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How G.O.P. and Conservative Groups Are Guiding States on Voter Laws

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“No matter where I go as chairman of the Republican Party of Florida, it’s basically the only thing everybody is talking about among the base,” Mr. Gruters said. Like nearly all of the Republicans involved in the party’s voter integrity efforts, Mr. Gruters declined to characterize Mr. Biden’s victory as legitimate, despite there being no evidence of widespread fraud and multiple state audits reaffirming the results. “There are a lot of people who have a lot of questions about the 2020 race.”

The national committee is coordinating with the Republican State Leadership Committee, the organization that works to elect Republican state legislators and secretaries of state. The Heritage Foundation, a leading conservative organization in Washington, is teaming up with grass-roots social conservative outfits, like the Susan B. Anthony List, to mobilize supporters and lobbyists in state capitals to enact new restrictions on voting access.

Heritage, through its politics arm Heritage Action for America, is planning to spend $24 million across eight states: Arizona, Florida, Georgia, Iowa, Michigan, Nevada, Texas and Wisconsin. An internal document described a “two-year effort” to work closely with allies like American Legislative Exchange Council (known as ALEC) and the libertarian State Policy Network to “produce model legislation for state legislatures to adopt” and hire lobbyists in “crucial states.” (A copy of the plan was obtained by Documented, a watchdog group, and reviewed by The New York Times).

Much of the Heritage goals are laid out in a report published to their website earlier this year, ticking off a host of proposals including limiting who can vote by mail, preventing ballot collection, banning drop boxes, enacting stricter voter identification laws, restricting early voting and providing greater access to partisan election observers. Last week, the group began a $600,000 television ad campaign in Georgia, urging citizens to support the effort to roll back voting access.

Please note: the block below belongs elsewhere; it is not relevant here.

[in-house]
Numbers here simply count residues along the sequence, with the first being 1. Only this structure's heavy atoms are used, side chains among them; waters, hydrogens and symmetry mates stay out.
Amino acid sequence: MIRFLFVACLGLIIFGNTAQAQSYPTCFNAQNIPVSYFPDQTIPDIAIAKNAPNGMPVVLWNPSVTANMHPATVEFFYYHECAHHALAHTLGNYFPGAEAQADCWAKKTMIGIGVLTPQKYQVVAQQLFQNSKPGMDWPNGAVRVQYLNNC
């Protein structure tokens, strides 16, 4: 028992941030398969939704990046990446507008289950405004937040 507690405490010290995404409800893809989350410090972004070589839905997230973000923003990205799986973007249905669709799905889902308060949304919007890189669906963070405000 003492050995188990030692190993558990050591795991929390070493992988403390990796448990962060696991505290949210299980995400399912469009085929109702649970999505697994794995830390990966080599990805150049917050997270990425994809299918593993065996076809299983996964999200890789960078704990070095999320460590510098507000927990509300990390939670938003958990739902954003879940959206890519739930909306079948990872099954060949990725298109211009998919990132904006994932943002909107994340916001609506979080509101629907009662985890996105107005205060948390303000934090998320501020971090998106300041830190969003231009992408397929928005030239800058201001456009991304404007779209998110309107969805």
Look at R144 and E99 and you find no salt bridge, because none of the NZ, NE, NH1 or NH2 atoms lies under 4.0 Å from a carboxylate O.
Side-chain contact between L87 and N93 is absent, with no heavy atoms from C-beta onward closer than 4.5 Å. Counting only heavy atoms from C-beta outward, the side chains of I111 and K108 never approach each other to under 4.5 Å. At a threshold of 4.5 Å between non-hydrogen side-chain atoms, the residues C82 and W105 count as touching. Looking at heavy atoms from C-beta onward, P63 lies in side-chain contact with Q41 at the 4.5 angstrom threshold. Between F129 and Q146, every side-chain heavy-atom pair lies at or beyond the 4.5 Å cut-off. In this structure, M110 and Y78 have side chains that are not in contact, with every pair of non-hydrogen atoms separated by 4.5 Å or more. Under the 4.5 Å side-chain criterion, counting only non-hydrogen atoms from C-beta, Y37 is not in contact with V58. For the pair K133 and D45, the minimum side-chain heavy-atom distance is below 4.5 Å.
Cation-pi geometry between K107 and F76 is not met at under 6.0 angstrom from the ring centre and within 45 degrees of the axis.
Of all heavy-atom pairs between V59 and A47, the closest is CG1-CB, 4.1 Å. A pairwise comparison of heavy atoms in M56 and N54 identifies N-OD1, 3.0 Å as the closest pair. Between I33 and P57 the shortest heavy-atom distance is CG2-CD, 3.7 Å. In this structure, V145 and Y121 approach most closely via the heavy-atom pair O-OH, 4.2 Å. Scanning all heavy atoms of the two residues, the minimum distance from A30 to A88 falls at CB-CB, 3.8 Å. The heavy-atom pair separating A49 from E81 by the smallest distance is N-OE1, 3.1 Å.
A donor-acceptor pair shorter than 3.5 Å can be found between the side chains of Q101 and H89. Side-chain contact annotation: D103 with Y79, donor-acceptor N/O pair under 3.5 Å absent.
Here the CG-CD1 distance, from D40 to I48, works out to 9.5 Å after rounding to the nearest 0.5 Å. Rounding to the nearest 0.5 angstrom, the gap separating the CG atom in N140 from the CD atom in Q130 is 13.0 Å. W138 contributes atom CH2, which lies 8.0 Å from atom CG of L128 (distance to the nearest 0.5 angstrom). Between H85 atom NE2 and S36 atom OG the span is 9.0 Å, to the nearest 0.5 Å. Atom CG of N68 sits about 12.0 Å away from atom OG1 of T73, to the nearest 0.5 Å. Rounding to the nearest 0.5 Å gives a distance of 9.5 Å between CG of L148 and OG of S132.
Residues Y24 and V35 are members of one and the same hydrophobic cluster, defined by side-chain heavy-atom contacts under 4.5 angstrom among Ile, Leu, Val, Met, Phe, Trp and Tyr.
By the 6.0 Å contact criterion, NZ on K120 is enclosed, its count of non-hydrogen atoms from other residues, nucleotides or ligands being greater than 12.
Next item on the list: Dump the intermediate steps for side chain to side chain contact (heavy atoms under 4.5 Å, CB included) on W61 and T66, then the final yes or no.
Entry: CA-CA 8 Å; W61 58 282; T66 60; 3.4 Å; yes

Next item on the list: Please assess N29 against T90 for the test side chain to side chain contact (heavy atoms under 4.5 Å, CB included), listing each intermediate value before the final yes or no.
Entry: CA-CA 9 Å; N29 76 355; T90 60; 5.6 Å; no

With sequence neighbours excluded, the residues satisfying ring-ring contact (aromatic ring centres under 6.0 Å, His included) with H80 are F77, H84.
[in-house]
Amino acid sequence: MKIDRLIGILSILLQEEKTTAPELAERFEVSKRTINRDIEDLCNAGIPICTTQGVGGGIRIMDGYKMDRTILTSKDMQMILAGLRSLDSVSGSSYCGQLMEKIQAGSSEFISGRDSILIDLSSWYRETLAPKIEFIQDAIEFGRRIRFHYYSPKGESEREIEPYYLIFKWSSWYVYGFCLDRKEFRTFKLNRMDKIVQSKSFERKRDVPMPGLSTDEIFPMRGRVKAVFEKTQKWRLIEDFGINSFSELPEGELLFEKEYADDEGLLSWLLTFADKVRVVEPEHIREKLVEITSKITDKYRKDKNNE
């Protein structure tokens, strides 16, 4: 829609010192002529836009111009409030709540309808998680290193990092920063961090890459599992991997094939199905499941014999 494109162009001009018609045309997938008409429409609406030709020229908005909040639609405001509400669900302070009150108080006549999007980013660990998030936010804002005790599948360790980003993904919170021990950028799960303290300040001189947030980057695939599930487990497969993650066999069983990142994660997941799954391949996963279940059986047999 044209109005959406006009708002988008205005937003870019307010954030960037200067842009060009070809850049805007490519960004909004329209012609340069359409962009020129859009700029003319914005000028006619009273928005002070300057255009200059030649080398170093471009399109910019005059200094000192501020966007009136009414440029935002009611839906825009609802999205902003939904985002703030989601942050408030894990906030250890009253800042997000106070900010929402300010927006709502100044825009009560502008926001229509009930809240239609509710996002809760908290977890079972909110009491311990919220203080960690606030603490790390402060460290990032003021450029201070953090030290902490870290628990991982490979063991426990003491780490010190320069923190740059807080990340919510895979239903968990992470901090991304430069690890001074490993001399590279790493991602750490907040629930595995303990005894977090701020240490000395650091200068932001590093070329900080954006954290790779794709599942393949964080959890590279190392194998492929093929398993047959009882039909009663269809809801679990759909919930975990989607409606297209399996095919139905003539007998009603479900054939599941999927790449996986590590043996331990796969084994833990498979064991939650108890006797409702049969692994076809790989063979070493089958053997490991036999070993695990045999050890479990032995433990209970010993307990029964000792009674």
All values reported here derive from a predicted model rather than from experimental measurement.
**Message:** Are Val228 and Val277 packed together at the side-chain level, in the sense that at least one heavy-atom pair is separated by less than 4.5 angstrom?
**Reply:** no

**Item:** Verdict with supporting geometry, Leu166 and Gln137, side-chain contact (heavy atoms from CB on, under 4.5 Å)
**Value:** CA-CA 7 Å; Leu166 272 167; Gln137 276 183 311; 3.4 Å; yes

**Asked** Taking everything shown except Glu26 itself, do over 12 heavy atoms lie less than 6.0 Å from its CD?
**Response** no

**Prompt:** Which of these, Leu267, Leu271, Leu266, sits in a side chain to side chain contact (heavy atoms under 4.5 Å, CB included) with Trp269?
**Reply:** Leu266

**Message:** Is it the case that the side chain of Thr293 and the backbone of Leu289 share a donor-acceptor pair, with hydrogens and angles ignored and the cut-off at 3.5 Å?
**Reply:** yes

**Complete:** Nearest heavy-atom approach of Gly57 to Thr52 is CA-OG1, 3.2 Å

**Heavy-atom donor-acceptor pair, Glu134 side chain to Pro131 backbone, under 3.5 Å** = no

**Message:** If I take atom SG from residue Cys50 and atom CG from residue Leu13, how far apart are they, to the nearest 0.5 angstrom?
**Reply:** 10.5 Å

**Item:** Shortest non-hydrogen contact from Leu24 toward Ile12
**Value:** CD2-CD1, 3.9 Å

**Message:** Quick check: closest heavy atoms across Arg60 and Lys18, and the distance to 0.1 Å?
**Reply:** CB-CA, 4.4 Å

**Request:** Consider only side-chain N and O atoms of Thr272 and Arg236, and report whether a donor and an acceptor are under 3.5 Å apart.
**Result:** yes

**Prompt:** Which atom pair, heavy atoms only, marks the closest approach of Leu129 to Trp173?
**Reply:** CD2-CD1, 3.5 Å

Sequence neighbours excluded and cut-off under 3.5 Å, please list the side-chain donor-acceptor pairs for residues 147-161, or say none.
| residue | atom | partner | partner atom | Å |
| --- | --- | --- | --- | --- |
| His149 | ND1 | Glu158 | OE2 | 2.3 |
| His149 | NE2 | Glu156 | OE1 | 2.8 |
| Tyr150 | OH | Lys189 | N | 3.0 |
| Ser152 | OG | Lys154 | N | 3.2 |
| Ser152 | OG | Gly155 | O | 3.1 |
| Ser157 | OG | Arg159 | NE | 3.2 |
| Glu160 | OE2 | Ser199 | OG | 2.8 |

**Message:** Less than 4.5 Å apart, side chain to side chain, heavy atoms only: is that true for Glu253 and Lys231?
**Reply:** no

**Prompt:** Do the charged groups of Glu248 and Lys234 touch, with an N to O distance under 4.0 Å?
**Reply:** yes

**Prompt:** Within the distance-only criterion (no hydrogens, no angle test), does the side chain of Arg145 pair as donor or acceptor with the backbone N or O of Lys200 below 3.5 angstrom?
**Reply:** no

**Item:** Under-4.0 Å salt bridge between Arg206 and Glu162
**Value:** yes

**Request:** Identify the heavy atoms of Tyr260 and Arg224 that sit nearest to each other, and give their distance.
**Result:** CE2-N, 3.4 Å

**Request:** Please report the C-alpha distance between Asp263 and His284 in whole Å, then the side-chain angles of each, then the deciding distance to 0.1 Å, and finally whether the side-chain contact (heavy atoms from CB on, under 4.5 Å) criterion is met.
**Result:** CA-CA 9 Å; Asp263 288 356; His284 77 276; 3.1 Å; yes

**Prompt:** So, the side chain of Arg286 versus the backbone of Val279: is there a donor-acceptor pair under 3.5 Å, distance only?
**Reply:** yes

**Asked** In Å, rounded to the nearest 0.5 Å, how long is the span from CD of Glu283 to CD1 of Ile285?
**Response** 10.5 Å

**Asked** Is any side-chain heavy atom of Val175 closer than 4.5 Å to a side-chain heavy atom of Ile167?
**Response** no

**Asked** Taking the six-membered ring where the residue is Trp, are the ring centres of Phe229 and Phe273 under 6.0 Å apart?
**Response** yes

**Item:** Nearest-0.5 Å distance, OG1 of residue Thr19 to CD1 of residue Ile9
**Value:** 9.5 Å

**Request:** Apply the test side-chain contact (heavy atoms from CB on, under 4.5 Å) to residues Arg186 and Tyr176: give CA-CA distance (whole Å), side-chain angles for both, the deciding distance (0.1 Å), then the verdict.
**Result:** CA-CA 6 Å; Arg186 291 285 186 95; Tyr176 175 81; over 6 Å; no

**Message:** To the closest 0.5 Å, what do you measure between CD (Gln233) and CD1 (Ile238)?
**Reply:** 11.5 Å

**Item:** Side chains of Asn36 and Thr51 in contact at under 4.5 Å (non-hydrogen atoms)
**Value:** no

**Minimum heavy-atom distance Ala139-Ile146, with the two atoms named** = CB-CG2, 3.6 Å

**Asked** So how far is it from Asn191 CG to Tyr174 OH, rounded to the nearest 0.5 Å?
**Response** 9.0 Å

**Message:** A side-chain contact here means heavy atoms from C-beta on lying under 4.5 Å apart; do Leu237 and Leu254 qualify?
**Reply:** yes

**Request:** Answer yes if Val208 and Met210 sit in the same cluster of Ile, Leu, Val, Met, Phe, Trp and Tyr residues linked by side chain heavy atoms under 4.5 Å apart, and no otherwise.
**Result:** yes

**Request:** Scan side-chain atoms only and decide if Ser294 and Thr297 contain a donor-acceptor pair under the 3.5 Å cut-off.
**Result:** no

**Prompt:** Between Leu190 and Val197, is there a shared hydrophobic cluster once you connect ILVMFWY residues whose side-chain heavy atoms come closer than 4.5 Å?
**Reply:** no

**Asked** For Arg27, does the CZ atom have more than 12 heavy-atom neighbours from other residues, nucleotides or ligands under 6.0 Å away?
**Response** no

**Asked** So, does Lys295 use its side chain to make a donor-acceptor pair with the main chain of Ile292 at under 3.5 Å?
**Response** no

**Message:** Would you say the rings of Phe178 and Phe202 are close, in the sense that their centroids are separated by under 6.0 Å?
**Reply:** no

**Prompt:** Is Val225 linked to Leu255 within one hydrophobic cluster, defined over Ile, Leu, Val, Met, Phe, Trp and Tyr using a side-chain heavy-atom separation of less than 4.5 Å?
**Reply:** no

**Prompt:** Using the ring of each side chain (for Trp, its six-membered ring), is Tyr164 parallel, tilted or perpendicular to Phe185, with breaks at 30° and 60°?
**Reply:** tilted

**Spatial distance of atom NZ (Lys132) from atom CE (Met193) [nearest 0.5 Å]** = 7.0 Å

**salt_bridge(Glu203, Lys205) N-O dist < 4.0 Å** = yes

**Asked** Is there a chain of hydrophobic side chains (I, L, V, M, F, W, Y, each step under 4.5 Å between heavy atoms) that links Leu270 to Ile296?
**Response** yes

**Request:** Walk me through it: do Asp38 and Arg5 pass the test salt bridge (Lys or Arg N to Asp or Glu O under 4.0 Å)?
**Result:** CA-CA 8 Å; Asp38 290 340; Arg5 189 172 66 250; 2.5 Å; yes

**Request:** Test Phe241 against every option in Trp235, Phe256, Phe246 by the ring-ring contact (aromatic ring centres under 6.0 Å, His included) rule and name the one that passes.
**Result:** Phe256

The policies, according to Jessica Anderson, the Heritage Action executive director, are largely rooted in the work of Hans von Spakovsky, a lawyer who has worked on voting battles for decades, including a voter identification law in Georgia that was ruled discriminatory in 2005. He also helped to run the now-defunct voter-fraud commission that Mr. Trump created after the 2016 election. Other Heritage officials, such as John Malcolm, have helped craft the proposals.

The Heritage planning document also calls for Republicans to recruit their own army of poll workers, and not just partisan observers, to take jobs working local elections. The document calls for placing 800 poll workers “in key states and precincts” for the 2022 midterm elections.

Ms. Anderson said Heritage’s role in passing the Arizona bill would serve as a template for other efforts. “We will have that same sort of playbook for Texas and Florida,” she said. “So I would put Georgia, Arizona, Texas, Florida as kind of the first wave of seats. And then we’ll turn to looking at Wisconsin, Michigan and potentially Nevada.”

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